Cover image for Should Profitable Companies Fund Open Source They Use?

Should Profitable Companies Fund Open Source They Use?

pieohpah profile image JC Updated on ・3 min read

Yesterday, I've stumbled upon this paper "Road and Bridges: The Unseen Labor Behind Our Digital Infrastructure" passed to me by a friend that had me thinking hard about how businesses today are profiting from clobbering open-source projects together and very few actually give back to the open-source authors either in contributions or donations, regardless of how much revenue and funding they're making.

It isn't an overstatement to say that many companies run on open-source and others' work than on their proprietary code, which often is there to glue those libraries to work together to form the unique business logic of their service.

I understand when a business fixes a bug in the open-source project it's using and see that as a proprietary advantage and chooses to keep it under the sheet instead of contributing back. Creating a competitive edge is how businesses mostly work. However, donations through Github sponsor and platforms like Patreon are solely optional and unrelated to how much a user earns from the author's work.

I'm not here destroy the open-source core value. I am an open-source author (please check out my project RxGo, now maintained by the marvelous Teiva Harsanyi) and I think everyone has the right to free software and source code. But when you've become a company with $10K a month in revenue, don't you agree it's fair to pay only a small fraction to the hard work someone put into the core library you're using? If it were a SaaS, which is just a bundled software that is opaque to the user, paying for it wouldn't sound out-of-place at all. But somehow software in open code form is expected to be free for everyone, even to a profitable business, just because it's out in the open for everyone to see the source.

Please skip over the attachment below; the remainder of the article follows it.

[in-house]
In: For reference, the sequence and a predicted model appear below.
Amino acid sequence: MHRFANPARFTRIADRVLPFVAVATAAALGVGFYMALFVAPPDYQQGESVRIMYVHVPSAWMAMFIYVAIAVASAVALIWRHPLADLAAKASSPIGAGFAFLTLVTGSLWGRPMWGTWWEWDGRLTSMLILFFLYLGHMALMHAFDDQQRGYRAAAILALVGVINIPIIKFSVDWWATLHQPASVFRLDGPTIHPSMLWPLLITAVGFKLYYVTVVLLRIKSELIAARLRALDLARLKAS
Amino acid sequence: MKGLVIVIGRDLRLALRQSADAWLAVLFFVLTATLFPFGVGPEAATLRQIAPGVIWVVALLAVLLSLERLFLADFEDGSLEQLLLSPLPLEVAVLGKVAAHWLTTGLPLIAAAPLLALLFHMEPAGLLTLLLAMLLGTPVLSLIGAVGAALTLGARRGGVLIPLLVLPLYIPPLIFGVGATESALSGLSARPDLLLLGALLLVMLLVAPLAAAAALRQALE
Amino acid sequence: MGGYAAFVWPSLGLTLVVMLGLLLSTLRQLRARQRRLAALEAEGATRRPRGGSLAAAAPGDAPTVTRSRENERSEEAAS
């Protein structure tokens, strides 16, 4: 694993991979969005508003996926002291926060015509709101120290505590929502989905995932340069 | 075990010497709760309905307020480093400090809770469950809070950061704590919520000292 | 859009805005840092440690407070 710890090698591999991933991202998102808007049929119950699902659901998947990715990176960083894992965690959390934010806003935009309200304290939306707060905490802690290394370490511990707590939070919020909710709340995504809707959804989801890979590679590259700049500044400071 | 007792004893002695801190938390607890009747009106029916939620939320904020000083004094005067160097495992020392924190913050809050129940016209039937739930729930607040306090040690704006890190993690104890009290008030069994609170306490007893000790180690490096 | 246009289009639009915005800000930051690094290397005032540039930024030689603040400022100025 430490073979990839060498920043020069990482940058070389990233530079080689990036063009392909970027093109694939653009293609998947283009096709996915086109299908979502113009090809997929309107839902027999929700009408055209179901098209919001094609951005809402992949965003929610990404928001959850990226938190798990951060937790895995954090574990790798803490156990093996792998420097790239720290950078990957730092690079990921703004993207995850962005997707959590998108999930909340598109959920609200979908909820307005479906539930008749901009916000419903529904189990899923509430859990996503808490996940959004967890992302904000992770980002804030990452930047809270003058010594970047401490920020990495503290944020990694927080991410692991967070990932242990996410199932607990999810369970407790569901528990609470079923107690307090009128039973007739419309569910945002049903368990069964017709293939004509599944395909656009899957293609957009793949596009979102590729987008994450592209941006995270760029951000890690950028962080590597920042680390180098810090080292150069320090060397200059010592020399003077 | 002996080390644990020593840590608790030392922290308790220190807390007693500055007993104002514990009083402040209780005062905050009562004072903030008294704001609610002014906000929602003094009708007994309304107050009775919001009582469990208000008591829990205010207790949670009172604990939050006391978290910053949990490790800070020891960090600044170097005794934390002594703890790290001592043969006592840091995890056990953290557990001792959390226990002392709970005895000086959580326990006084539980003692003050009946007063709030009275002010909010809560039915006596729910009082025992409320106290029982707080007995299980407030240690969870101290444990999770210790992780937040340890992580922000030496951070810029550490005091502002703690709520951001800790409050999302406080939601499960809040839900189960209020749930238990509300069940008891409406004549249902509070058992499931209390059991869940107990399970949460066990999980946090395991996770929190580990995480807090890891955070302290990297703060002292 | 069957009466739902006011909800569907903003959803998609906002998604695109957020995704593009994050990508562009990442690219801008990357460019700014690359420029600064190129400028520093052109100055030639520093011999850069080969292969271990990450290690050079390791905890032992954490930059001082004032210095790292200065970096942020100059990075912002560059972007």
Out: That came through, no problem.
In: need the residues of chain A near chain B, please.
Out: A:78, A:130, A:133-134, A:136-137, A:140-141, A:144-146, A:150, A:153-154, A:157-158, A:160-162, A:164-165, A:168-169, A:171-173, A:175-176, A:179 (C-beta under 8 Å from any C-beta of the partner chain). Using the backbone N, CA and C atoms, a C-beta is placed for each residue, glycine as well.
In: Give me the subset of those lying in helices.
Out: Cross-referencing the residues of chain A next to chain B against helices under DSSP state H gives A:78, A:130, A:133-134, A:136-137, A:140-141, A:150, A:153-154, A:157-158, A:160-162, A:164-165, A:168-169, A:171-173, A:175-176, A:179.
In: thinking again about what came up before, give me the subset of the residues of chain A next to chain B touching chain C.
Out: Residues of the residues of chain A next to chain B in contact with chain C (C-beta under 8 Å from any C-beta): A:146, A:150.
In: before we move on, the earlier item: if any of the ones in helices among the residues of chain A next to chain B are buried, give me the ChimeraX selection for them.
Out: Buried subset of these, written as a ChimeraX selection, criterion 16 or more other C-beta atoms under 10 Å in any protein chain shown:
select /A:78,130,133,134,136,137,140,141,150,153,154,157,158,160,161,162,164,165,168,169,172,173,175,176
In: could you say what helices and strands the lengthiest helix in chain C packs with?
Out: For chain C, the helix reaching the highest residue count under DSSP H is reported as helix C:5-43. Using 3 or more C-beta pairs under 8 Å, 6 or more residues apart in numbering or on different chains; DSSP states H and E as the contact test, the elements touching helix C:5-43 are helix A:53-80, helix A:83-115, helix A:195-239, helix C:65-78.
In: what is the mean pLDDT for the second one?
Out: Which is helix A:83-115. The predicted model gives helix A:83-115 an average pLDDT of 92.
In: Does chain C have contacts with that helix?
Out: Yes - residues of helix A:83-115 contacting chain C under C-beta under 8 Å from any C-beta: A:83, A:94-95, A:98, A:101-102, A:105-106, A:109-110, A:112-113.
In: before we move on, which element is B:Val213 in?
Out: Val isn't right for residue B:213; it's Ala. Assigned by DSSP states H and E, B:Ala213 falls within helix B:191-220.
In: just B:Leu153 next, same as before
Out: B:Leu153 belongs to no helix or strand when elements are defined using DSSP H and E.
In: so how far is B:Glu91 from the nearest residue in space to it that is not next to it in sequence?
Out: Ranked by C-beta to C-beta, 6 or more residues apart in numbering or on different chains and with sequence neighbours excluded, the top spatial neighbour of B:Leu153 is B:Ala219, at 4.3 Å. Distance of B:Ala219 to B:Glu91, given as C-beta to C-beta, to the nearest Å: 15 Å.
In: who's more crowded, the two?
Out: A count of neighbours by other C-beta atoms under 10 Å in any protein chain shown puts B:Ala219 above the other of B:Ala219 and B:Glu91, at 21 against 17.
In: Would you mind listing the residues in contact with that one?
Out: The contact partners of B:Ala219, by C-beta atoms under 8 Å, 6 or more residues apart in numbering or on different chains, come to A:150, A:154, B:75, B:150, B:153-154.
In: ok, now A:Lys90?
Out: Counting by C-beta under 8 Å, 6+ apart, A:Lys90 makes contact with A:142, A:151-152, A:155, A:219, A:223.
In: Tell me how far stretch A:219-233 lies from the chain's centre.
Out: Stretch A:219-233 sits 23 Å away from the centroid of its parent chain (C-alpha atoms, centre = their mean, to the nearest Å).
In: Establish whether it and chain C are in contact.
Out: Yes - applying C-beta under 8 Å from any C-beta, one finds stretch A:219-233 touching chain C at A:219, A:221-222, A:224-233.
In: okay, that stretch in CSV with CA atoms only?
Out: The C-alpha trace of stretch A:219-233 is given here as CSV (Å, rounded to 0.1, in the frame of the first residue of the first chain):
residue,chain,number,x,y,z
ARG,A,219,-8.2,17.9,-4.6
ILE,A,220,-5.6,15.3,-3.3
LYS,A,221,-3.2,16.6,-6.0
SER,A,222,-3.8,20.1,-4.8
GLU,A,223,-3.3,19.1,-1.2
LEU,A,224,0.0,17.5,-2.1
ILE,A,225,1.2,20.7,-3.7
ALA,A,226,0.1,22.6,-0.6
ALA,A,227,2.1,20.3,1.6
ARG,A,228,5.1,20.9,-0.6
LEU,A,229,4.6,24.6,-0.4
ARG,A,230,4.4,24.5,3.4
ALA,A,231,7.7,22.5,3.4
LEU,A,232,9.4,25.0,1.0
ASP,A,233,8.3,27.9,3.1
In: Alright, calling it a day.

"But most high-quality open-source projects come from companies!" I heard a friend objected. He was one of my OSS hero and the reason why I entered open-source. Somehow he thought his projects should remain under MIT License (free for all). The reality is he scraped by for months without a job, and when he got one he became less active in maintaining his projects. Imagine how many developers like him could have contributed to the OSS if he could earn a living just doing nothing but crunching on his awesome work.

Also, his objection was interesting to me because if played out in reverse, it goes like this: "Most independent developers cannot develop high-quality open-source projects because they have no corporate backings!"

Most developers can only go so far to maintain their own projects without a paycheck. I had to hand over my project because I couldn't afford to do it. I've seen many like me that had to abandon or are unable to keep up with the improvement needed to grow the project, but also a few like Sindre Sorhus who had made it into the new arena and set the bar for other OSS developers that one can live on working exclusively on OSS.

I'm curious about what you all Devs think about this? Both from the OSS user's and author's sides. Let's discuss in the comments.

Posted on by:


markdown guide

I think creating a movement around companies giving back to open source is one of the things we can do. This might be part of existing Corporate Social Responsibility (CSR) programs. Discourse does this annually, here’s their 2017 give back.


I think open source development should be publicly funded, similarly to grant programs that exist for the arts and for research science.


Check out this license prosperitylicense.com/.

I don't disagree, but it is a skewed perspective considering today's companies use open sources to reap profits and hardly give back.

Publicly funded is great if the projects are limited to be used freely for nonprofit or non-commercial purposes.


Isn't it already? A majority of good open-source projects are funded either by companies and/or individuals


That's different. Fundings are completely optional and not driven by intrinsic value-sharing.